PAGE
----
Tuesday, November 22, 2016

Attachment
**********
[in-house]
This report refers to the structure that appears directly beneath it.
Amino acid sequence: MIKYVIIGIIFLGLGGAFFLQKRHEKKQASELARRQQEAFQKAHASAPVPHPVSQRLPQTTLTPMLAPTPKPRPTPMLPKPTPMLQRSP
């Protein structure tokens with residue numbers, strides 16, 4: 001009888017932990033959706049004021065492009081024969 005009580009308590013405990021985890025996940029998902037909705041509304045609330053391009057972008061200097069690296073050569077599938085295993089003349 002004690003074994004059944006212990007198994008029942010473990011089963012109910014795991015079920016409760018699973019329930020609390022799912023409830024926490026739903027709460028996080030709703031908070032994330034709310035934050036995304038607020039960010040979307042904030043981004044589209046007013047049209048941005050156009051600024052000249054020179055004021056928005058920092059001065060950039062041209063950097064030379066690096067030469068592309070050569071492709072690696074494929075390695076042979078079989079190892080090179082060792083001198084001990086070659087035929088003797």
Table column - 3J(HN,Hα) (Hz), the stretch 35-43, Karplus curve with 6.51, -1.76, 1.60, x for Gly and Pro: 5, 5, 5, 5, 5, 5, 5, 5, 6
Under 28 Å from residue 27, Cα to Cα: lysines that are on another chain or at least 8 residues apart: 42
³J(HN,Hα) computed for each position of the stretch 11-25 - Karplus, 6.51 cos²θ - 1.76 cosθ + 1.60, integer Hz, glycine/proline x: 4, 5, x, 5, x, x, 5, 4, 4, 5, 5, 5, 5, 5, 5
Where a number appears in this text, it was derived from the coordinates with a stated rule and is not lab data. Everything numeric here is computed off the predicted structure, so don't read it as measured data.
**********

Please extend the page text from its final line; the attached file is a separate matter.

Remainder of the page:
An opportunity arose when I least expected it. I had the honor of being included in the "Savages and Princesses- The Persistence of Native American Stereotypes" exhibition at 108 Contemporary in Tulsa, Oklahoma. After a panel discussion at the gallery, I met Artist Mallory Taylor who (following a chat about Murals and Street Art) had informed me that she was not only working on a prime spot in Downtown Tulsa, but was also putting out a call for Artists to submit work for a mural at a unique location at the Port of Catoosa. I was immediately interested, and eventually submitted a painting (which ended up not being chosen.)I ended up submitting a sketch of construction workers as well as a tug boat and a train engine, this design was chosen, with some minor changes. The dimensions for the location gave me the impression of some kind of giant water tower "cube" but upon seeing the structure I knew it would be a fun challenge. These photos are a small part of the documentation of the process and progress made over 4 separate painting sessions that ran roughly 5 to 6 hours, using all Montana Spray Paint. I had to change the design to fit the structure as well as incorporating elements from the other muralists work. It was great to get out and flex the spray can skills, now days I tend to work more on small scale paintings. This was a great project to work on and I hope that the Port Authority likes the new splash of color that has been added to the location. Big ups to fellow Muralist Jeremy Fields, Special shout out to the workers who took time to bring the ladders back and forth, as well as the Port for providing a space for Art, and of course a special thanks goes to Mallory for her dedication to the Arts and for providing us fellow Creative types a place to work. #Murals #Art #PublicArt #Spraypaint #MontanaCans #StreetArt #Walls #HokaSkenandore

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